Peter Kerridge, If Entrepreneurs Ran the Church: New Visions for Old Church, (London: SPCK, 2017). 180 pages.
Entrepreneurship is a word that is beginning to move beyond the 1980s stereotypes of money, profit, and capitalism to be applied to a variety of different contexts, not least to the church. There has been some writing on the value of entrepreneurial principles for social good and in church leaders (such as Michael Volland’s The Minister As Entrepreneur), rather than for material gain. In If Entrepreneurs Ran the Church, Peter Kerridge returns to the more traditional bastion of entrepreneurship — business — to gain wisdom for the church from the practices and advice of successful entrepreneurs who are also Christian. The book is structured in eight chapters, each one an interview with an entrepreneur, bookended by an introduction and overview from Kerridge himself.
Being practicing Christians, almost all of those interviewed specified a desire for a church leader who is prayerful, steeped in scripture, and who is spiritually trained. Their advice that teams should be built reflecting a range of strengths is obvious, but speaks against a still pervading assumption that the lead minister can run a one-man or one-woman show. Similarly, many spoke of using digital technologies well to increase the profile of the church, with the recognition that this will only be effective if the ‘core product’ is attractive. Another point of agreement is the problem of the increasing number of multi-parish amalgamations and fewer clergy. Ray George of DMS Stationary sums it up:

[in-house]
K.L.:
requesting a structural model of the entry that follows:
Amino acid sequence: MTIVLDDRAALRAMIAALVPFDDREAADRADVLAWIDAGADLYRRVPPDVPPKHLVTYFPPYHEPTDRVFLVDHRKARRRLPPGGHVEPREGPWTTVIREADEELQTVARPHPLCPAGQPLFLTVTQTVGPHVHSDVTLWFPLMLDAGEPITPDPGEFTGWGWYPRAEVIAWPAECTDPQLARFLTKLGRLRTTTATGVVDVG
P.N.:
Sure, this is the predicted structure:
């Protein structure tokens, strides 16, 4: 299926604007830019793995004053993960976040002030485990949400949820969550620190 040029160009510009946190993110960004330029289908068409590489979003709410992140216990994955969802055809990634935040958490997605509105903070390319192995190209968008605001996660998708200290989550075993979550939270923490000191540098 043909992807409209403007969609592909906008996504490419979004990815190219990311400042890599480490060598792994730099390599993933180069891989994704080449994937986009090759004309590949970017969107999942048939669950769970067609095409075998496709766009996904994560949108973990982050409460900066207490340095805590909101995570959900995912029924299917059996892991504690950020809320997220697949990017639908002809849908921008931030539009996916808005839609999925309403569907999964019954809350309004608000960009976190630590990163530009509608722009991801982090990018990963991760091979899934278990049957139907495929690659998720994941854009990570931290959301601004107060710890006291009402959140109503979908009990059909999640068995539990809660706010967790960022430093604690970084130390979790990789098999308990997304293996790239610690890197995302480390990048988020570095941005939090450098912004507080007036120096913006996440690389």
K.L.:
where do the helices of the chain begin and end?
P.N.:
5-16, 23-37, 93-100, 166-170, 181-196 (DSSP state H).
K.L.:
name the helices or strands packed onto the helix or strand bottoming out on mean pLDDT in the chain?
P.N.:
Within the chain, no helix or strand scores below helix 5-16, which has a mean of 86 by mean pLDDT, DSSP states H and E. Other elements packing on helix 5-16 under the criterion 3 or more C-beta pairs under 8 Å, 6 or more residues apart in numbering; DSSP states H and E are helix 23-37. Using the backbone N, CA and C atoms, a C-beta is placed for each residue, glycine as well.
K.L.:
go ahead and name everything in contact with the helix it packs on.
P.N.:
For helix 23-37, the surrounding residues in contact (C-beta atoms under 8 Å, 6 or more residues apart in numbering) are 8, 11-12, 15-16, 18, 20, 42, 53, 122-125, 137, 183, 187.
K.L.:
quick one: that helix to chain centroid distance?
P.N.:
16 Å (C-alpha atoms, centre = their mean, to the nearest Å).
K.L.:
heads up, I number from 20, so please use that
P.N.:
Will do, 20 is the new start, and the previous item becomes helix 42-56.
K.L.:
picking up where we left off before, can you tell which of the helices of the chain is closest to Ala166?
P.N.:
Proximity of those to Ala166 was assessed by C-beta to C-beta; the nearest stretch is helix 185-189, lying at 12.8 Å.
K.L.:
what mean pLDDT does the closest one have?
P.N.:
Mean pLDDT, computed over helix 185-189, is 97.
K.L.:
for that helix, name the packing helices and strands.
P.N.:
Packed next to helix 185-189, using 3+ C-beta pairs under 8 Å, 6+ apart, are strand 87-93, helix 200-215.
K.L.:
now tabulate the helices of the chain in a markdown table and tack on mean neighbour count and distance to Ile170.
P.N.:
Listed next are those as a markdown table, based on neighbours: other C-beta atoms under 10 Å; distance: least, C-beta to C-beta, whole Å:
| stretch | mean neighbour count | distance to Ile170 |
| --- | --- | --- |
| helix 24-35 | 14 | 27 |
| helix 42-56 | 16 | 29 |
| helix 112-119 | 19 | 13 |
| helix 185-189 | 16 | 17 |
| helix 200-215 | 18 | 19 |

‘I don’t agree with clergy having five churches to look after; how on earth can they do that? It’s impossible. And those churches won’t grow… So if you’ve got five churches, perhaps you should pick the strongest one, shut the other four and minister to that one.’
This point is in broad agreement with the outcomes of the 2014 research-based Church of England report, From Anecdote to Evidence, which stated that churches are more likely to grow when there is one minister to one community (p. 25).
The most helpful advice comes in the area of resourcing. Oliver Pawle, chairman of a executive consultancy organisation, notes that currently only a tiny minority of church members supply around 80% of the income and volunteer hours in the Church. Upping this minority from 7% to a fairly modest 10% might dramatically affect the impact of a church. Grant Masom, IT entrepreneur, agrees that,
‘in God’s economy we have the resources that we need in order to fulfil God’s purposes’ (p. 98).
But where Pawle focuses on upping the numbers, Masom suggests starting by working with the level of resources you have and setting manageable goals from there — goals that are large enough to stretch out in faith, but that do not seem unachievable. If goals are not stretching enough all we will end up doing is managing decline.
I am of the opinion that the Church can always learn from those who have excelled in other fields. This book is a contribution to the debate on church leadership and management from successful entrepreneurs, and is to be welcomed. It is an interesting and helpful but ultimately not groundbreaking book for those in church leadership and on PCCs. What they are right about is that change is necessary.